"en": "A Web of String: PKI Signatures and the Tin Can API"
  "context": {
    "contextActivities": {
      "parent": {
        "id": ""
    "extensions": {
      "": {
        "created": {
          "signature": "-----BEGIN PGP SIGNATURE-----
          Version: GnuPG v1.4.11 (GNU/Linux)

          -----END PGP SIGNATURE-----",
          "accepted": {
            "signature": "-----BEGIN PGP SIGNATURE-----
            Version: GnuPG v1.4.11 (GNU/Linux)

            -----END PGP SIGNATURE-----",
            "lrs": "",
            "trust": "marginal"

I’ve been thinking about options for using public key infrastructure (PKI) and web of trust (WOT) concepts in the Tin Can API/Experience API to support a number of important scenarios. Spurred by a conversation with @ellenm1 I’ve put together this blog post.

Making Statements: Tin Can API Best Practices

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As more and more tools create Tin Can API/Experience API statements, best practices are starting to come together. In particular, I’ve seen certain approaches prove themselves effective while working with customers of our Wax Learning Record Store. I’ve compiled several of those best practices here, for reference.

Client-side statement ID

All statements sent to an LRS have an ID. If no ID is provided in the submitted statement, an ID is automatically generated for the statement. This ID is a UUID, so even systems that do not coordinate can reliably assign unique identifiers. Early Tin Can adopters are taking advantage of the flexibility of the standard, and often sending statements to multiple Learning Record Stores. Those Learning Record Stores might later communicate back and forth. If the ID of the statement is generated by the LRS, then each statement will have different ones. Instead, clients should generate statement IDs, so that all LRSs agree on the ID of the same statement. While this is a best practice, it is only a best practice if your tool generates a real UUID, using one of the standard algorithms. The best way to do that is by using a UUID library (for instance, one is included in the Python standard library). If you do not have a UUID library available, please send each statement only to one LRS first and allow it to generate the UUID (it will then return the generated UUID for you to use in the future).

Tin Can API: Go From Zero to Production in 2 Days

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We are pleased to announce that we are offering the first Tin Can API technical workshop! This workshop is designed to take any developer or instructional technologist from having a basic understanding of the Tin Can API to enabling an existing or new application to generate Tin Can statements!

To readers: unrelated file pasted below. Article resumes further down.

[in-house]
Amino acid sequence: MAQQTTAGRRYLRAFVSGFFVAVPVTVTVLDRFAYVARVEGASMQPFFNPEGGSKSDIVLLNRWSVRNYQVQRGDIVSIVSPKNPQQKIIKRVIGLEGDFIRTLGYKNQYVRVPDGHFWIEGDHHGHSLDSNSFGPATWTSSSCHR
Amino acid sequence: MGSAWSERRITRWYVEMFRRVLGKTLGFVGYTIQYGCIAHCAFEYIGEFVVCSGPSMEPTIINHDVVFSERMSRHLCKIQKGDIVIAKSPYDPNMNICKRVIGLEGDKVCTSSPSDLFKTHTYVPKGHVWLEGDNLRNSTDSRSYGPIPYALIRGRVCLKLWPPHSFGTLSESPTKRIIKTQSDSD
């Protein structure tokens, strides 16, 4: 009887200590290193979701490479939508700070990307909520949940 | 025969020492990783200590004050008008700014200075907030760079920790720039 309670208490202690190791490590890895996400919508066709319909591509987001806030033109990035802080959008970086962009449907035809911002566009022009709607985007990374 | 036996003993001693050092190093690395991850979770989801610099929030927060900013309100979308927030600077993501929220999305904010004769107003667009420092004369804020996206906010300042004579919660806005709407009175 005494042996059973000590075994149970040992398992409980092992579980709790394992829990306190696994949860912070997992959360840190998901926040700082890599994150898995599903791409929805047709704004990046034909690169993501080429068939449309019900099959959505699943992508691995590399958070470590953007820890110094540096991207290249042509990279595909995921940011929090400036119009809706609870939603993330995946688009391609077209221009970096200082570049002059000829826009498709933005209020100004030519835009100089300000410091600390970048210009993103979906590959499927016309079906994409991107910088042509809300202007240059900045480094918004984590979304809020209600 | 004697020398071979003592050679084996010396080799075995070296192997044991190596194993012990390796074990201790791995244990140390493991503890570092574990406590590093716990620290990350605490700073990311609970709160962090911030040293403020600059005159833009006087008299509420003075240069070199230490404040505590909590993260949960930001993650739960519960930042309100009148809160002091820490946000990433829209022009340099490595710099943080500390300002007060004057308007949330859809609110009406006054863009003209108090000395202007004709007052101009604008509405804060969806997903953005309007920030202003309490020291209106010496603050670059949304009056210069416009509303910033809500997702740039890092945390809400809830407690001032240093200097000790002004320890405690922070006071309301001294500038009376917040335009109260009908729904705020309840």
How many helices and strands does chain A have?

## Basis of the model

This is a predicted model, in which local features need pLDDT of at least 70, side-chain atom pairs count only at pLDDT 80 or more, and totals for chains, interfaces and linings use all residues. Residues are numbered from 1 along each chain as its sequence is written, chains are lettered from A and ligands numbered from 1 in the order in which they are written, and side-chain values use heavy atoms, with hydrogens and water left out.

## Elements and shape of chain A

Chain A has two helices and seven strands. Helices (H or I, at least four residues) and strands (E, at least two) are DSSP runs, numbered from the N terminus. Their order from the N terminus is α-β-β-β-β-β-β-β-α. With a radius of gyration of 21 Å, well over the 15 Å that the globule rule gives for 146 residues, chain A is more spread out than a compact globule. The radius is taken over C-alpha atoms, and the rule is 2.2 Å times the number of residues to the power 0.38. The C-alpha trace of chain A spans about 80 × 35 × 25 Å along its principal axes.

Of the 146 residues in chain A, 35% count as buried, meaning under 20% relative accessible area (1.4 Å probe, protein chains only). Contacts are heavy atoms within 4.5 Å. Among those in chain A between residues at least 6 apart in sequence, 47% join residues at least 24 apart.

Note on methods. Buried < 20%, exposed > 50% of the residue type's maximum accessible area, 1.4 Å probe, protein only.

Thank you Mojocat Creative Services & Surf Incubator for producing and powering this exciting workhop! We hope to see you there.

Learn more about this workshop!

Matching/Filtering for Tin Can Statements

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Tin Can API statements flexibly describe learning-related events. Like many event-focused systems, use cases frequently involve ‘watching’, ‘filtering’, and generally reacting to events having certain characteristics. While there are many extremely capable systems and libraries for performing those operations, there’s still a need for a portable, flexible way of defining filters that match or don’t match individual statements, for use as part of those larger systems.

After hearing from several people about scenarios where I saw such filters providing part of the solution, I started brainstorming. The results are below.

Generally speaking, a statement is of interest if a particular part of the statement has a value meeting certain criteria, or if combination of parts-meeting-criteria using and, or, or not apply. Other important considerations for the solution are ease of implementation, readability, and concision.

The solution I’ve come up with looks like this:

    "or": {
        "$.result.success": true,
        "$.result.score.scaled": {
            ">": 0.5
    "$": ""

That filter would match any statement with the ‘completed’ verb and either a successful result or a scaled score over 0.5.

The keys that start with a $ are JSONPath expressions. JSONPath is a standard, similar to XPath, for selectively extracting data from JSON documents.

The result of the JSONPath expression is compared to the value. If the value is not an object, that part of the filter matches if and only if the result of the JSONPath expression exactly matches the value. If the value is an object, the key(s) in that object define how the value must match, such as “>” above (in addition to the obvious mathematical operators, options will probably include intersection, set membership, subset, nonexistence, and so forth).

Inside value objects and in the filter as a whole, multiple filters are “anded” together, and combined/derived filters may be created by nesting filters inside “and”, “or”, and “not”.

Note: to ensure portability and security, no ‘script expressions’ are allowed in JSONPath in a filter.

If you like what you’re reading, comment or otherwise get in touch. I hope to see this work eventually lead to a community standard that can be applied in many scenarios and across many platforms where statements flow.